Early metro executive feedback was very positive. Each Summary and its back story became a narrative tool for local initiatives and regulatory debates. Results were discussed in national circles, including the Secretary of HUD. Not surprisingly, we reaffirmed that the array of development issues varied greatly at the metro level; each metro was distinctive by age, size, land availability and household capacities. For example, the older Boston metro has several submarkets within its MSA and Suffolk County is vastly more complex in restrictions than neighboring Middlesex County. The younger Austin metro indexed higher in restrained growth concerns such as environmental and density issues as well as high fixed costs that limit the development of small properties. And San Diego, well, they just don’t want to see any more apartments – with high ratings across all ten categories.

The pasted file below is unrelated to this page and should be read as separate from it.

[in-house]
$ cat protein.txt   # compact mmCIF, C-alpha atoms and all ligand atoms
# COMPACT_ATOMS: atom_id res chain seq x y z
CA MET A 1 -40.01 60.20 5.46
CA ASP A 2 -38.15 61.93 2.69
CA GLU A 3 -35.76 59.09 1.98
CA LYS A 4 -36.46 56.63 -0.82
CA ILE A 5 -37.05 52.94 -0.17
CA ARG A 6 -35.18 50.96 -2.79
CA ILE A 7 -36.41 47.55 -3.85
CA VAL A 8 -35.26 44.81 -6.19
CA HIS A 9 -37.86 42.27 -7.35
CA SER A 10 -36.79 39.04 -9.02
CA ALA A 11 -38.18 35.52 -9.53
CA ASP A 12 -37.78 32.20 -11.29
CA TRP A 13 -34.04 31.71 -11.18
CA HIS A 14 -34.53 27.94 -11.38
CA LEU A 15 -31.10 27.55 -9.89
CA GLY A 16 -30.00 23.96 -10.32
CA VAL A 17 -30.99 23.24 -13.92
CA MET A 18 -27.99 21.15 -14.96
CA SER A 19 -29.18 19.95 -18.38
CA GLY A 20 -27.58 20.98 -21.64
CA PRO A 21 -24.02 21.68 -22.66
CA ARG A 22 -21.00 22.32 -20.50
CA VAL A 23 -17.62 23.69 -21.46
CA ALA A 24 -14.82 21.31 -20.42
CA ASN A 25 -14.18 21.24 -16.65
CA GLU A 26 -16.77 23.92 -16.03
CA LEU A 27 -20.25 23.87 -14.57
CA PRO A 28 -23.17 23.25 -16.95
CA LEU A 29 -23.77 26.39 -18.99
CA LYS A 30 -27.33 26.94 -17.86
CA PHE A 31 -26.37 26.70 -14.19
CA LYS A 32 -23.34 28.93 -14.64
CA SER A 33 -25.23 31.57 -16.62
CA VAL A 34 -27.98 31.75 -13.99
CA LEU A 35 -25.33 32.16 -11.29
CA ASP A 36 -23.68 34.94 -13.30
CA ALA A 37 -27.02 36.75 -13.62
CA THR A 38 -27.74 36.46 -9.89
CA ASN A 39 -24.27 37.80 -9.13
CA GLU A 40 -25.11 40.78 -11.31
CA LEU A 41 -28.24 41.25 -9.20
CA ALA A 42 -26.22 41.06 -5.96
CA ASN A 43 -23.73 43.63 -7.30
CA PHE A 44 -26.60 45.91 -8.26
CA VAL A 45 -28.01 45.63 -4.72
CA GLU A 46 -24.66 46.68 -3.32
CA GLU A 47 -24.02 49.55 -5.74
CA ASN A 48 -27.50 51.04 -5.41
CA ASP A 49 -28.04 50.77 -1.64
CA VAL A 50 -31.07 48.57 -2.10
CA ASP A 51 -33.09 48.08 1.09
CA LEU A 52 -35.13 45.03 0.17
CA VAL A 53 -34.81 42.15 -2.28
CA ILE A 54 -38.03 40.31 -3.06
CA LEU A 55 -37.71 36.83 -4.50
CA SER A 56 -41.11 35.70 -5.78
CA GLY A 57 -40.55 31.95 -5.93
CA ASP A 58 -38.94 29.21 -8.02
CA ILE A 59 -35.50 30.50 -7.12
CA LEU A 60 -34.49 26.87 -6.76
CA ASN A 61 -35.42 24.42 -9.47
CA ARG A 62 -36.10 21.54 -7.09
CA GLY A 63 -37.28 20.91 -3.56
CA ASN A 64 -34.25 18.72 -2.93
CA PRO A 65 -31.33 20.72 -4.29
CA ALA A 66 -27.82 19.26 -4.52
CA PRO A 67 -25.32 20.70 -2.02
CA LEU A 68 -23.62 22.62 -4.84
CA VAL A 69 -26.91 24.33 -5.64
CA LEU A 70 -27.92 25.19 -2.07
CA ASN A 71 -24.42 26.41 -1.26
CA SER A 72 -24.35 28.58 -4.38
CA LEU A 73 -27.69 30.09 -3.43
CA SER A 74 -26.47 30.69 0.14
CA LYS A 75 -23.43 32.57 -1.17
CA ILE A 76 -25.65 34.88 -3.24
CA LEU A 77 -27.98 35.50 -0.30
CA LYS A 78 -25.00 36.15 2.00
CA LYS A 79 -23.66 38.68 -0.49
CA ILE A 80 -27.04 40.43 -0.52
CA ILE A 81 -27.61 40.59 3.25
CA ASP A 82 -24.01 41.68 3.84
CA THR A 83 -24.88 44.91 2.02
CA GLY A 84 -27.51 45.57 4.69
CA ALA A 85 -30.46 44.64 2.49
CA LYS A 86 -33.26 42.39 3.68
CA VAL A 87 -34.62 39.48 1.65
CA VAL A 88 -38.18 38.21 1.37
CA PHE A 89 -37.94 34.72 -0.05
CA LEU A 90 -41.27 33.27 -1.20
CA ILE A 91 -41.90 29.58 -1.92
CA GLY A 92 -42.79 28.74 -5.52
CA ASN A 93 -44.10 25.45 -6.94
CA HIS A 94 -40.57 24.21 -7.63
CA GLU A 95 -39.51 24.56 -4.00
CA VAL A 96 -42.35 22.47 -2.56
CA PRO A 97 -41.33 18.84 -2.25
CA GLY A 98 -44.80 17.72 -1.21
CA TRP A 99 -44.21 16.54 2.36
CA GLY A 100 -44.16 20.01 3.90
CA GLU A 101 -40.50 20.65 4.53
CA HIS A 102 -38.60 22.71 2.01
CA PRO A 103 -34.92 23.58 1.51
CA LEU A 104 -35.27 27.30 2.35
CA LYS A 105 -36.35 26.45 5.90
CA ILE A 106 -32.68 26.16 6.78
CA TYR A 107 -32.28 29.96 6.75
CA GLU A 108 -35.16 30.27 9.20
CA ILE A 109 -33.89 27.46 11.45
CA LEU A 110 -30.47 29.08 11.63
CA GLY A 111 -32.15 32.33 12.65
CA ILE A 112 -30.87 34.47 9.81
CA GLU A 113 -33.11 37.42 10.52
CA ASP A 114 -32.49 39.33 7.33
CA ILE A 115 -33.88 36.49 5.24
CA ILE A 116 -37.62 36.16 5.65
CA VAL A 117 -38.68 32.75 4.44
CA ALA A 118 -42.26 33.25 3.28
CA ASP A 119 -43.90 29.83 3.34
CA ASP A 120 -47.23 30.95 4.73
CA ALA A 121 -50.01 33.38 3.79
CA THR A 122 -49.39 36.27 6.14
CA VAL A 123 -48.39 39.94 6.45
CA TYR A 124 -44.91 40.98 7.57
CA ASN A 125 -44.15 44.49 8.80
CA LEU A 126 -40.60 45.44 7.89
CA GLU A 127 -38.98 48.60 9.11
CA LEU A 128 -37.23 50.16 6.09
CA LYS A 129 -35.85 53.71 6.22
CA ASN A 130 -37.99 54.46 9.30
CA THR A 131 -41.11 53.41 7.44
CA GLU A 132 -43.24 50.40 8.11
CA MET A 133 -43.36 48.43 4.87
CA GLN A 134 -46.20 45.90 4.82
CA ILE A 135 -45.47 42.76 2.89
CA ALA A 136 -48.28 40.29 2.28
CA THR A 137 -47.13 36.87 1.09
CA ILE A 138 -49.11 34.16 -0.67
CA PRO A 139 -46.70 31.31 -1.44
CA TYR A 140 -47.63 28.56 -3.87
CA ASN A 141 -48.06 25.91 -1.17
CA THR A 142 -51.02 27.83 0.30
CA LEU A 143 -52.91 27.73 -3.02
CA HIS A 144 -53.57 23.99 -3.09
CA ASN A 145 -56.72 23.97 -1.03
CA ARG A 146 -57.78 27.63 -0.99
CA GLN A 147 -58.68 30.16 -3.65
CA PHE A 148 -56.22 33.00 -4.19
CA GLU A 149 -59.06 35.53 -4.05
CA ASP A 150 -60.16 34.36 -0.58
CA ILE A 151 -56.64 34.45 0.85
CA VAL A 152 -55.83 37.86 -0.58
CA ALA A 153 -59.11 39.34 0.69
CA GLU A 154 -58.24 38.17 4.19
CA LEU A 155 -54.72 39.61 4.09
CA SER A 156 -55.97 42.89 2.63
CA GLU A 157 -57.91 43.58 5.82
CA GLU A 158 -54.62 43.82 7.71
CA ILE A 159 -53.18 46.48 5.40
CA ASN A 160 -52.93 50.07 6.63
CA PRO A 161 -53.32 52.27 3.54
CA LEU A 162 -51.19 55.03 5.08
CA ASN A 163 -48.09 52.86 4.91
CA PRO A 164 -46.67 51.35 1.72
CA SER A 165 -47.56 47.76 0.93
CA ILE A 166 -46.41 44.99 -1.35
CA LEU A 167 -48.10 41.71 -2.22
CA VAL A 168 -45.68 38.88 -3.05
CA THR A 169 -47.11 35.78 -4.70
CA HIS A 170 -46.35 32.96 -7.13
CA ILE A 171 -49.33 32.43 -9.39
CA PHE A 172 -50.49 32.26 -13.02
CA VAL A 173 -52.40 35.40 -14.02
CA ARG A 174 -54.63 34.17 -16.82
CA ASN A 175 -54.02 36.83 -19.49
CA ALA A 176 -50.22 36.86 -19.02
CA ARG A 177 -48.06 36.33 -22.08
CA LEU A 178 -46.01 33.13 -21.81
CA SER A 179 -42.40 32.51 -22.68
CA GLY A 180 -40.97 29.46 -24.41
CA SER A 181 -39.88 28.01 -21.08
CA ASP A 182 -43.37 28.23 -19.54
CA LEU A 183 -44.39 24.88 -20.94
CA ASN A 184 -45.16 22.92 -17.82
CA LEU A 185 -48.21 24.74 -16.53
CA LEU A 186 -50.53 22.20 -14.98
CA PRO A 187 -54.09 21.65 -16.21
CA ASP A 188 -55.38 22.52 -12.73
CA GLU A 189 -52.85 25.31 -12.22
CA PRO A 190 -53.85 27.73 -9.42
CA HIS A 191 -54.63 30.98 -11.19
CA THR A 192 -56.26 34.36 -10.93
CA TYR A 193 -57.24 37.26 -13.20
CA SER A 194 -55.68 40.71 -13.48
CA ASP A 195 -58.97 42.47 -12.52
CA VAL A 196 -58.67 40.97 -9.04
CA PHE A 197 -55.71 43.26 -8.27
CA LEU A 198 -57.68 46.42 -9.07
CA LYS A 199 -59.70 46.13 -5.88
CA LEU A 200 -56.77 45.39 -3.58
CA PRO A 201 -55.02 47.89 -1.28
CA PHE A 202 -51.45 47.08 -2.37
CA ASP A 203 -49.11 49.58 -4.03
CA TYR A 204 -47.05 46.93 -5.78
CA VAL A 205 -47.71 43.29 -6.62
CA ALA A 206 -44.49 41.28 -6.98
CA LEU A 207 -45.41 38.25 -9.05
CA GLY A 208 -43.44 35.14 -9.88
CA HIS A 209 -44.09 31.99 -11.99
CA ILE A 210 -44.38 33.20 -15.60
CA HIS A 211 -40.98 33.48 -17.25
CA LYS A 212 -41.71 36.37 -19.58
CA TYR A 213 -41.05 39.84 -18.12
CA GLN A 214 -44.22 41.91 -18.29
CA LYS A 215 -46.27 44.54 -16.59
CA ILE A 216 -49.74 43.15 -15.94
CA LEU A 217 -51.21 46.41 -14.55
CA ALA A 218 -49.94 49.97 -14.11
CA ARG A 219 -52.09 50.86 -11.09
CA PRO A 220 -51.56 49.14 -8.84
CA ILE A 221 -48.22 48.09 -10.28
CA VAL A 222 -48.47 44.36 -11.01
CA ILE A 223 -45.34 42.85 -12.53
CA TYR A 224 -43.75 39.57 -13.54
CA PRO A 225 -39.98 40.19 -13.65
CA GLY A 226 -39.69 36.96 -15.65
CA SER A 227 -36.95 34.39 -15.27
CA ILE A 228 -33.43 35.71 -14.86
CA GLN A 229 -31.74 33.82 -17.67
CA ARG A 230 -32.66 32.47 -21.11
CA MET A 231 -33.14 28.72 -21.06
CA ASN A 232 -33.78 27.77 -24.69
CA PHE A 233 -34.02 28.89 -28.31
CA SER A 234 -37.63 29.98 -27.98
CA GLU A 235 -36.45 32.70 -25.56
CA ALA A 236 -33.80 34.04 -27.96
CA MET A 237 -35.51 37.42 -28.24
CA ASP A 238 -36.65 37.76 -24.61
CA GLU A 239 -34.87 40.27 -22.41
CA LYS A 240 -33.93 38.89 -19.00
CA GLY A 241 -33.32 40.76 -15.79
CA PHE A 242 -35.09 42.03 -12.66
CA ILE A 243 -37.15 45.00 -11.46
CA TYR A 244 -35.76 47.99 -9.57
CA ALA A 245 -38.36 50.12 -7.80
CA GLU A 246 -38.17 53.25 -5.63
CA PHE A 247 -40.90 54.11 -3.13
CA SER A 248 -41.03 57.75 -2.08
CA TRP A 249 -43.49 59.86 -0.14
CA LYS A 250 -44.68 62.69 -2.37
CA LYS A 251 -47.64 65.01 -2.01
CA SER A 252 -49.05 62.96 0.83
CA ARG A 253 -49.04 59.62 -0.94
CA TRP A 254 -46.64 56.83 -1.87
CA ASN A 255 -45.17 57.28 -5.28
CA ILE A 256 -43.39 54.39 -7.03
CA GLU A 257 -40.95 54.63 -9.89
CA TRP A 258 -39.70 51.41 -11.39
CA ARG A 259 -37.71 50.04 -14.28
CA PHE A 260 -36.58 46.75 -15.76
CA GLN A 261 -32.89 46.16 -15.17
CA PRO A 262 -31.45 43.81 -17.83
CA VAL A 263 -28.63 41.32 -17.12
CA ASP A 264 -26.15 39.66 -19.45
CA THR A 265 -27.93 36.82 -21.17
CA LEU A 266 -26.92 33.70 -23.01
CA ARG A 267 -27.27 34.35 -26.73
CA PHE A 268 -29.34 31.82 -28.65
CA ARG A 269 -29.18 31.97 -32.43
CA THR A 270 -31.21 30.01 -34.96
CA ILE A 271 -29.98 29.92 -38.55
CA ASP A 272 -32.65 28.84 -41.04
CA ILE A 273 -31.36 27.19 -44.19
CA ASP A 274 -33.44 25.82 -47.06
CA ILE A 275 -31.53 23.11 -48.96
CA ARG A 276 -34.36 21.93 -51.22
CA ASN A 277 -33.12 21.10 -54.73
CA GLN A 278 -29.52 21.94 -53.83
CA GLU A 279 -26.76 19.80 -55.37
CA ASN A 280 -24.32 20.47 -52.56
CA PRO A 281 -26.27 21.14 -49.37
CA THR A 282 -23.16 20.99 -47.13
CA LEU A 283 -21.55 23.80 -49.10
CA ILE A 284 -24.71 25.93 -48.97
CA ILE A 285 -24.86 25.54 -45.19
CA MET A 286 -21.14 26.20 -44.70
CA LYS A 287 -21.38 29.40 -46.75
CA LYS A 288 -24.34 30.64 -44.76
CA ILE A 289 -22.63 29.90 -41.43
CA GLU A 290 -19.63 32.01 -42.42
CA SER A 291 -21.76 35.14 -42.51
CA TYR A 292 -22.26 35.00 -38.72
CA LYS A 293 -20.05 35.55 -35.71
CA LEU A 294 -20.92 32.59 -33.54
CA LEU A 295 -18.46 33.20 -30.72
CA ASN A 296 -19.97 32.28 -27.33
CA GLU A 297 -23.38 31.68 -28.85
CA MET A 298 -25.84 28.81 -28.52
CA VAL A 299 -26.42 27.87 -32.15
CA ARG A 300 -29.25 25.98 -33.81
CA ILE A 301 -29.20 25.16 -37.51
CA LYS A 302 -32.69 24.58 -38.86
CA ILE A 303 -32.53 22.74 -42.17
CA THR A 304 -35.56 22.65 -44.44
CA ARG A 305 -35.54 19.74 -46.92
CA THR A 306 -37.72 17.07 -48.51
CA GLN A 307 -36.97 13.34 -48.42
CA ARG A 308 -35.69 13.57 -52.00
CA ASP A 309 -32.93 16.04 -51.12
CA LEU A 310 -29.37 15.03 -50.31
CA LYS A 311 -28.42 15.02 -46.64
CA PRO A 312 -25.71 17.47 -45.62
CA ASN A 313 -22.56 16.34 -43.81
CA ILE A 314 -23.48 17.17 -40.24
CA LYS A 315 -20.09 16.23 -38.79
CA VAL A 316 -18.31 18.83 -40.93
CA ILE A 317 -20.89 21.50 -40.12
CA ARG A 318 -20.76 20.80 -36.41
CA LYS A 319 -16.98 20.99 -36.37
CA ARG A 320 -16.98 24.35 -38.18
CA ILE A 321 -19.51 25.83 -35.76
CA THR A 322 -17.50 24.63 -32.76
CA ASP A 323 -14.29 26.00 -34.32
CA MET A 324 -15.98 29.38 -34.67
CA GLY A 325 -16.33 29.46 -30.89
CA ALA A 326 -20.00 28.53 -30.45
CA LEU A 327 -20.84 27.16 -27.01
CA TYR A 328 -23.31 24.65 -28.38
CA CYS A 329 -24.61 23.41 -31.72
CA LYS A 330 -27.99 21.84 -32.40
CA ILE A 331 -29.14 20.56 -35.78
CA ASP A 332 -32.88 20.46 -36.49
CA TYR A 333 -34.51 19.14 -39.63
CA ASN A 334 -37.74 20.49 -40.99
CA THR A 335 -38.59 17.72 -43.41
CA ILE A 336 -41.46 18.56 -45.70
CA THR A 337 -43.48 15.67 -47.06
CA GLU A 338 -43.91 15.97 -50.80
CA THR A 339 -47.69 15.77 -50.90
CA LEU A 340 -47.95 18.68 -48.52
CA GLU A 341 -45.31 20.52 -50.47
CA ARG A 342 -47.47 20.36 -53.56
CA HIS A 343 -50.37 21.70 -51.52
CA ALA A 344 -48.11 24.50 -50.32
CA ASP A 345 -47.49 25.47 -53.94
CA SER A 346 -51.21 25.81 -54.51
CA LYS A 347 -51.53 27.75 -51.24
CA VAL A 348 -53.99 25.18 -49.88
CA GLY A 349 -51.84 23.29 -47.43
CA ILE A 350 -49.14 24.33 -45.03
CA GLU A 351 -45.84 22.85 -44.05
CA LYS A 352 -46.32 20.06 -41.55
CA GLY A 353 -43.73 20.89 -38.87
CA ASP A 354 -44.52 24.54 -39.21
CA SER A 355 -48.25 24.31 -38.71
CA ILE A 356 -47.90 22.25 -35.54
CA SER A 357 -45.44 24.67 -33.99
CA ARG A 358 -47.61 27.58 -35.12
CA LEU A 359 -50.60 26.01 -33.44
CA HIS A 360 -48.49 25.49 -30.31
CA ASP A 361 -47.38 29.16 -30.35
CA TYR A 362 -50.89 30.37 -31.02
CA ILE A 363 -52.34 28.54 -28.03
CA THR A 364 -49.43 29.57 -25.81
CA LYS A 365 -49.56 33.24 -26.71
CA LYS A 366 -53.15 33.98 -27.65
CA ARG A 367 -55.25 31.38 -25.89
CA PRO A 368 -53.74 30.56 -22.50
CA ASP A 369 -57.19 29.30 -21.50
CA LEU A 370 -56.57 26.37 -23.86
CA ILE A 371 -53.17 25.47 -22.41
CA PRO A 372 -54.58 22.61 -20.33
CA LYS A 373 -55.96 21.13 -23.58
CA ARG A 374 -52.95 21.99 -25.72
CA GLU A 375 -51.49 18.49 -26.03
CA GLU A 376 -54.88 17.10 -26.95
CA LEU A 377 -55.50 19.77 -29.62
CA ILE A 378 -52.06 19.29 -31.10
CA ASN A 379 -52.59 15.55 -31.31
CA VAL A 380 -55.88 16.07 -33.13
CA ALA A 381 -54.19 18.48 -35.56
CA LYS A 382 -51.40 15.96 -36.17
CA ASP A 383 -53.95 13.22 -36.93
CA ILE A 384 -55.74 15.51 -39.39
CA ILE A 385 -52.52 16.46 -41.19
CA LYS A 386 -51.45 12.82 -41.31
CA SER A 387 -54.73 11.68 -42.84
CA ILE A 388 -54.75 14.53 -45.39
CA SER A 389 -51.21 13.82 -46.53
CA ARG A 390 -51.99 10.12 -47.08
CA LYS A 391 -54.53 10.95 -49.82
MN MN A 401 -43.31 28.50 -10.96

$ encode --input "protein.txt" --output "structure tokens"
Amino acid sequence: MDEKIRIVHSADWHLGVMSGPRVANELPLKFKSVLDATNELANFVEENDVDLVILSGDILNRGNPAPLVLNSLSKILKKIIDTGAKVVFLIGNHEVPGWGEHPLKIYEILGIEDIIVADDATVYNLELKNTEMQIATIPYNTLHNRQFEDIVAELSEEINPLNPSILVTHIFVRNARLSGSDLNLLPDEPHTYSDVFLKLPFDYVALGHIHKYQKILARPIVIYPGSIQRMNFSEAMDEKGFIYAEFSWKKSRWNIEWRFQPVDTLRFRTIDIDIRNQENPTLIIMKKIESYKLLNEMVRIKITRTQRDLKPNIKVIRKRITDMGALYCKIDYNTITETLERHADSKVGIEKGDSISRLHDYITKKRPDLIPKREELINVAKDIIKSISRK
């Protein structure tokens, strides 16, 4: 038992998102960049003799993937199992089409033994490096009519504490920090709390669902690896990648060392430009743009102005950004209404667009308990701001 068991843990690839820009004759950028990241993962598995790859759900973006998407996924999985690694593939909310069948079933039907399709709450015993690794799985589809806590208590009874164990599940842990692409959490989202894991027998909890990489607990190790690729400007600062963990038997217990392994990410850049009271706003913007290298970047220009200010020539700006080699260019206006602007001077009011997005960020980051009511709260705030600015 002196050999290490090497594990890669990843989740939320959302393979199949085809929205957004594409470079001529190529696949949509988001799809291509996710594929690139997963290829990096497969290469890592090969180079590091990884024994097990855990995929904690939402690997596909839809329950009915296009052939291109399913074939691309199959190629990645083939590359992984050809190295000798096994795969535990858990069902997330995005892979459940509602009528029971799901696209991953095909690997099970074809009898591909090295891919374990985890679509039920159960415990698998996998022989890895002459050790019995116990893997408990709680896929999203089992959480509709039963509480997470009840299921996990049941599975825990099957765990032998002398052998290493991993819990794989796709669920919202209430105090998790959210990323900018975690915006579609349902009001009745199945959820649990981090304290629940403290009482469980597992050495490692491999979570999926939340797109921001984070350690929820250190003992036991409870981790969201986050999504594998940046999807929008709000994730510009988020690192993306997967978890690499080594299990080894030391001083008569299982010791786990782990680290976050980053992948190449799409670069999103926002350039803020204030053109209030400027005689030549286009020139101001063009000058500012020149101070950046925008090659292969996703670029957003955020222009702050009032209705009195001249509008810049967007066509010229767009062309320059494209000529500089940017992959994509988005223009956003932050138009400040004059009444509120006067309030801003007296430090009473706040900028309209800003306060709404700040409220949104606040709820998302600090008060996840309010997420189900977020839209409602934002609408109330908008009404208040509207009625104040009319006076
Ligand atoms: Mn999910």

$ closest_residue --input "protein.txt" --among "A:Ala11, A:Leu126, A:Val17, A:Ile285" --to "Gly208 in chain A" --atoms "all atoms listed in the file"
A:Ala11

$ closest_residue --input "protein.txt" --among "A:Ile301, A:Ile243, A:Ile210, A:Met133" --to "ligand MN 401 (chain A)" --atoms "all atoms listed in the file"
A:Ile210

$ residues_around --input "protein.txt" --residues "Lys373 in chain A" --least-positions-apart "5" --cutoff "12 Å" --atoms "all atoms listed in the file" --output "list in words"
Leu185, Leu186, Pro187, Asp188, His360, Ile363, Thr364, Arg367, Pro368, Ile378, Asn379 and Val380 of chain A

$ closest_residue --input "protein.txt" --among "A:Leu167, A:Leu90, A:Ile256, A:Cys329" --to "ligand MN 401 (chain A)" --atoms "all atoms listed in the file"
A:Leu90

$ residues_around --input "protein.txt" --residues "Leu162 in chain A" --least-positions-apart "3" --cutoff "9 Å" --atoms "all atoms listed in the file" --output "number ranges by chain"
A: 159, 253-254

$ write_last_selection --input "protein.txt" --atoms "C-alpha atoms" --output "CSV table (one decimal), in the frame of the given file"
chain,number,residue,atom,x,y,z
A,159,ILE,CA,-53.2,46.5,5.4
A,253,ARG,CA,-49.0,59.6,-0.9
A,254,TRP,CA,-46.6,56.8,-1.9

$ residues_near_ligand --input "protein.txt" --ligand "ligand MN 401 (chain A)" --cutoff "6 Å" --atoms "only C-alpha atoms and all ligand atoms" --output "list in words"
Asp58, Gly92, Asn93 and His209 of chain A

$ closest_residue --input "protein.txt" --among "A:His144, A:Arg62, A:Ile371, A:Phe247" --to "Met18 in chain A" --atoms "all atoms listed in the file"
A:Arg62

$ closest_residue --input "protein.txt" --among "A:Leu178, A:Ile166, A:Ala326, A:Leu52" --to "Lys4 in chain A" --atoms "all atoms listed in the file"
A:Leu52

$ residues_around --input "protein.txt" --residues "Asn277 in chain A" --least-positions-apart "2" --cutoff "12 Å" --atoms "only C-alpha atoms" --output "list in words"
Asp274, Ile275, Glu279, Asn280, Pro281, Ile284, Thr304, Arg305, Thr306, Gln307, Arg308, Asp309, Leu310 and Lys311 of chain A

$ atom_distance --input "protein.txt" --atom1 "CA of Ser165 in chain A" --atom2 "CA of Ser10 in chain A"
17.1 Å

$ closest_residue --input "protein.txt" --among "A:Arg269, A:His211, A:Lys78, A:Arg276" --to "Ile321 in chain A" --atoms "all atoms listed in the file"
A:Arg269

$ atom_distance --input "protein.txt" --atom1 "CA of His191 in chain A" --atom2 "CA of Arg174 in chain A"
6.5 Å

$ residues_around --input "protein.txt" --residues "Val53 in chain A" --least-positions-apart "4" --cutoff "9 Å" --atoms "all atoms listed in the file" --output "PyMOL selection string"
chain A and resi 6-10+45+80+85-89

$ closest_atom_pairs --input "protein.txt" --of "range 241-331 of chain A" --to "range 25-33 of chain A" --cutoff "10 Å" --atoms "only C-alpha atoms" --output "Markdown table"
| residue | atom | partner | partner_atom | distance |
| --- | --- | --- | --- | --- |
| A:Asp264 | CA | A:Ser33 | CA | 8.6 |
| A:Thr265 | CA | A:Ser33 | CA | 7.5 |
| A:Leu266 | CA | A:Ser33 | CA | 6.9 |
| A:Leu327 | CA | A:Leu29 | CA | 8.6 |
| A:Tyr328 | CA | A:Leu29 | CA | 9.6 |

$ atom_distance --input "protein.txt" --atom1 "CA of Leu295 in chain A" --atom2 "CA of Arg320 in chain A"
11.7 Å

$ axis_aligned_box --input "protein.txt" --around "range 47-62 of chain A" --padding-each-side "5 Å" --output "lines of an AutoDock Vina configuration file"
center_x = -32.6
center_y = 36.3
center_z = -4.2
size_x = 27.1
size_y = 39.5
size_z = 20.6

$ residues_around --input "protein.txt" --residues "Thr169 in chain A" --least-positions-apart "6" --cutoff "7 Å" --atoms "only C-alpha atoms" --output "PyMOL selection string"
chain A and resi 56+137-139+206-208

Nationally, we note significant correlation between higher rents and complex regulatory markets that increase uncertainty, time and costs, limiting the ability to deliver more affordable rental housing as seen in the graph below.
Rents Higher in Markets with Higher Complexity Scores
These are only initial results, a first trial. Our survey architecture and growing response network remain in place to further serve these and other local metro discussions. The goal of the project was and remains to provide solid metrics and action priorities for productive rental housing affordability discussions. •